Postnatal Depression - What it felt like to me and ways to help.
Postnatal depression wasn't something I ever expected to suffer with. Sure, I've suffered from depression for a large part of my life, but having a baby was something I had wanted for years before my wife even got pregnant. I thought I would have that overwhelming feeling of love and happiness that you hear so much about. But when my daughter was born, and she was placed in my arms, I didn't really feel anything.
For some, it takes a while for feelings of postnatal depression to arise. But for me, it came fairly quickly. Within a few weeks, I knew I wasn't right and needed to seek help. I didn't like my daughter, I had feelings of baby regret, I was jealous of her, I was resentful, and then I felt guilty that I was even having those thoughts. Overall, I felt that my life had been ruined.
But I was lucky if you can call it that, that I had suffered from depression so much in my past. I already had an understanding of some of these feelings and most importantly, I knew that they didn't always last and they could be changed. So that's what I did. I started trying as many things as I could to help myself on the road to recovery.
But what can you do if you ever find yourself in this situation?
First of all, you have to talk about it. It doesn't matter who you want to open up to; whether it's your partner, a stranger online or just the doctor, you have to find a place where you can vocalise your feelings. Keeping things trapped inside never works, and you'll only be doing yourself more harm in the long run. The first time you do it might be extremely difficult, but trust me when I say it gets easier.
For me, I've always had my wife with me every step of the way. Right from the beginning I was open and honest with her. Did I like telling her that I felt nothing for our baby? That maybe I regretted the mere fact that we even had her? No. It was horrible. But the more I opened up the more I let go of the feelings and helped myself deal with them. Instead of ignoring them, I addressed them. And that's the first thing that you have to do. It's also important that you find someone who won't judge these emotions. You have to remember that these feelings aren't here by choice. You don't choose whether you are depressed or not, you just are depressed.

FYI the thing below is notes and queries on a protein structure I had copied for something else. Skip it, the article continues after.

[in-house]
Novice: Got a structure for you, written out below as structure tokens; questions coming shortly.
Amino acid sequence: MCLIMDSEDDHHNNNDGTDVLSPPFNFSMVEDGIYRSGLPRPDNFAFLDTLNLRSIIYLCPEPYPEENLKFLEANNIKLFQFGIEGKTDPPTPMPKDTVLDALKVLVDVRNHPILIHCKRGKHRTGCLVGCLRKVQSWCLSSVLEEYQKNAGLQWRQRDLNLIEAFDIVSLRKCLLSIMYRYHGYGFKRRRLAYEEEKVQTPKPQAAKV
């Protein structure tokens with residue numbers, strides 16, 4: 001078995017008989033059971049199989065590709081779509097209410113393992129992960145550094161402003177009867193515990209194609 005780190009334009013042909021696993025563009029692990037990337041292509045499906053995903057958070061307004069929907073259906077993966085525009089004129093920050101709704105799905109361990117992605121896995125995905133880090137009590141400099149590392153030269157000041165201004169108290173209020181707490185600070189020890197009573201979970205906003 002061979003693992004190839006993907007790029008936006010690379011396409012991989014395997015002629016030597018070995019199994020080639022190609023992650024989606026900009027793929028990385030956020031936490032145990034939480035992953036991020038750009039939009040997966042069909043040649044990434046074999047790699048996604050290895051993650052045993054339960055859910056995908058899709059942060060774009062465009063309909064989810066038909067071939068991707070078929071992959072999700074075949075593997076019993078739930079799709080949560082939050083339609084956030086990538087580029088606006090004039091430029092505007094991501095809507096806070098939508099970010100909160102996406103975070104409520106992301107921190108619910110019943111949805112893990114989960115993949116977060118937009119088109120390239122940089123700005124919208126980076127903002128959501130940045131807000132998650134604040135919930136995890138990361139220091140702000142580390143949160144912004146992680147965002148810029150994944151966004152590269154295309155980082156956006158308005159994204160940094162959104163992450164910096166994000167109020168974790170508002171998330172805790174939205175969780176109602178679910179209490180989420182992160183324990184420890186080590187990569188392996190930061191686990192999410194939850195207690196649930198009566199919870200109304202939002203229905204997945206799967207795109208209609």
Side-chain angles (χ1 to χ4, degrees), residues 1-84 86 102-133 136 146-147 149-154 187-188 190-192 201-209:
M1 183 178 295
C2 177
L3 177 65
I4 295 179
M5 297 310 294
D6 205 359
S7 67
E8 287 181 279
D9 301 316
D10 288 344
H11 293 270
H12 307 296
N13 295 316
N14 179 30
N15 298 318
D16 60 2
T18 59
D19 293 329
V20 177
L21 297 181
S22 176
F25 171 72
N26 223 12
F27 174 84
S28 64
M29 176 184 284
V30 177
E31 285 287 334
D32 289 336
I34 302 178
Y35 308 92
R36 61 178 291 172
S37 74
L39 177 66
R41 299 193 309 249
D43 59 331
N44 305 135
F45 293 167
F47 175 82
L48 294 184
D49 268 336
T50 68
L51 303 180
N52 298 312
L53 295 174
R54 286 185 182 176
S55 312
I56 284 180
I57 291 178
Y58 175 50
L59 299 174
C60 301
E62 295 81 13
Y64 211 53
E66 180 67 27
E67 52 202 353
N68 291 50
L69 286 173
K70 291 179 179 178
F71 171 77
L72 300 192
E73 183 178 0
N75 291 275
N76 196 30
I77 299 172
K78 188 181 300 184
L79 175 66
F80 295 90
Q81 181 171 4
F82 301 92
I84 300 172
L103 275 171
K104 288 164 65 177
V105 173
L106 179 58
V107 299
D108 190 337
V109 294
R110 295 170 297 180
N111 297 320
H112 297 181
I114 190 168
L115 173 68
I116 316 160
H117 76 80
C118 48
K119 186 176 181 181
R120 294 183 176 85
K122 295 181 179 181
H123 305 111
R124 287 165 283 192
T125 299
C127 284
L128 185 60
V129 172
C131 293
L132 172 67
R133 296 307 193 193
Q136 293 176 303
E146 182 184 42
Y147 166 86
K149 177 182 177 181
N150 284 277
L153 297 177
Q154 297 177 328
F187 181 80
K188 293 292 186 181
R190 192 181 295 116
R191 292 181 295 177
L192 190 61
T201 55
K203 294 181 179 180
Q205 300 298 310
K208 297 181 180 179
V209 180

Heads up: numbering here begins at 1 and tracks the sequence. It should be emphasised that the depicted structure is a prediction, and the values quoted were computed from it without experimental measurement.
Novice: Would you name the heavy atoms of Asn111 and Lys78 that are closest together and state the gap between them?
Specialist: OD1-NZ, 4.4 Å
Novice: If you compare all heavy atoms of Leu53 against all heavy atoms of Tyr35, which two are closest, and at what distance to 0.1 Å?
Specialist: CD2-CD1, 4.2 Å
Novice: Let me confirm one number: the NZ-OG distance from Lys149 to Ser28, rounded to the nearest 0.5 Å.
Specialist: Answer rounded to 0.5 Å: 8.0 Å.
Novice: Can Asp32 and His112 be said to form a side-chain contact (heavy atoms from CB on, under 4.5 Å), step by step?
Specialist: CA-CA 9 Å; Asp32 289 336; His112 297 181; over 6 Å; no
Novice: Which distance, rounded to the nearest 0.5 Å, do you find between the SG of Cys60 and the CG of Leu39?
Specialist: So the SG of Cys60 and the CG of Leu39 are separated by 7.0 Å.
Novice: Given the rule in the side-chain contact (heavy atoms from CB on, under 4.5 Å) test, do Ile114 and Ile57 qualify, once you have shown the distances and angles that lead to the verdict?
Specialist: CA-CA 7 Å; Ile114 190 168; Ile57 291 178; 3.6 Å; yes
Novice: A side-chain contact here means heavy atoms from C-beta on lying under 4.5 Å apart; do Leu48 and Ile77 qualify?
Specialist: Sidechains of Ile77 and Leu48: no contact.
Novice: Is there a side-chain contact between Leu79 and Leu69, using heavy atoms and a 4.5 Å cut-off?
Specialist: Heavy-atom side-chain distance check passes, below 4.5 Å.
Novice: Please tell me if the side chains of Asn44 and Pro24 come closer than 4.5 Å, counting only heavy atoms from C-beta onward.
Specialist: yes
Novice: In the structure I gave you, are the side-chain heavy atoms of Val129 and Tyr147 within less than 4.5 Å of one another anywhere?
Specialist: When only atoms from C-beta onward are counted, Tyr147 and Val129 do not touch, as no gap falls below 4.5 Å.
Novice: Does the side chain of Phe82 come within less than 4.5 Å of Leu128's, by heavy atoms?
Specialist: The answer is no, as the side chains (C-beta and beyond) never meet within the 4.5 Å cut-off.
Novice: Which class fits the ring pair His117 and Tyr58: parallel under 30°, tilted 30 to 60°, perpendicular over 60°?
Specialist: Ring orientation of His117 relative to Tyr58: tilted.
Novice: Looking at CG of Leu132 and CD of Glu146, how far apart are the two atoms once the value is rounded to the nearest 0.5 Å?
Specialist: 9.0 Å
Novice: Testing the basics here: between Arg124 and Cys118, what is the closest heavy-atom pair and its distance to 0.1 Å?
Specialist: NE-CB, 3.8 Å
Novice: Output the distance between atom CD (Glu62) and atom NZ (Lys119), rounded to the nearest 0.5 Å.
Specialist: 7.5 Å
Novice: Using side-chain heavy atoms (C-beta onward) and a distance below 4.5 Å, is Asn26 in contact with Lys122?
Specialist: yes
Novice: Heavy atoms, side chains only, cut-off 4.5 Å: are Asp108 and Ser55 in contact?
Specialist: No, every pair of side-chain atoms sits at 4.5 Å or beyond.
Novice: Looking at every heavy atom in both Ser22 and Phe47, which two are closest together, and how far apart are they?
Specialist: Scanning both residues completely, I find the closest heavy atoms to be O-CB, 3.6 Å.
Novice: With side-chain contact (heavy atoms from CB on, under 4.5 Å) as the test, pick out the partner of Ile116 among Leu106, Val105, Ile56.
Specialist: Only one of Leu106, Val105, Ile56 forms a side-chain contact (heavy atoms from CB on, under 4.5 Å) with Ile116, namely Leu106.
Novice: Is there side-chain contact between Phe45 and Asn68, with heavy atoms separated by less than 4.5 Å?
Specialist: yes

But that's just the start. After opening up and talking about it you have to find out what works for you. Maybe you'll want to seek medical help and take medication, perhaps you'll want to seek counselling to go through your feelings with someone who can help you address them professionally.
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What Else Can You Do?
There are loads of things to try. If you're struggling to form a bond with the baby, then you need to find things that the two of you can enjoy together. Involving yourself as much as you can is vital. Being there for bath time, changing the baby, enjoying play time, and doing as much as you can will only help you to grow the bond.
For me, getting into babywearing really started to give us something to do together. Isabelle really enjoyed being carried around on me, and she would even fall asleep in the carrier. It was nice for me to be able to enjoy nap times with her during the day, and the carrier gave me that opportunity.
I also found that going away with Isabelle and my wife worked wonders too. Getting out of the same old surroundings and seeing somewhere new helped me to reset and come back with a stronger bond. It also stopped me seeing Isabelle as a burden, as I realised that we could still do things, just maybe we had to do them a little differently.
Then you can try attending baby groups. Being surrounded by people who have their own struggles and difficulties helps to put your own into perspective. You'll quickly realise that you are not alone, and that being a parent is an incredibly difficult task and it's ok to find it a challenge.
Look After Yourself
And remember, you have to look after yourself. If you're stressed, angry or feel like you're not coping, then you owe it to yourself to take a break. Find someone who can help and look after the baby and do something that will bring you back to a centred, calm place. Whether that's yoga, meditation, exercise, a massage, or whatever it is that you feel you need. But just remember, self-care isn't selfish.
Ultimately, postnatal depression can manifest itself differently in each person. Everyone is different, and as such, everyone's recovery will be different too. The important thing to remember is that these feelings aren't permanent, you didn't choose to feel them and you are not abnormal for having them. I know it's incredibly hard, and at times it feels like there's no light at the end of the tunnel, but there is. All I can say is that it will get better. I can’t tell you when, but there will come a time when you feel it, you just have to keep fighting for it.
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Ross is a part of the This Dad Can community. He started his blog to share his experiences with postnatal depression. He didn't really expect to keep blogging, but quickly realised that it helped a great deal with his mental health, so he kept writing.
He now posts everything from reviews of products, trips that he's been on with his wife and daughter and also just general ramblings about life as a new father. He is always trying to find ways to help others.
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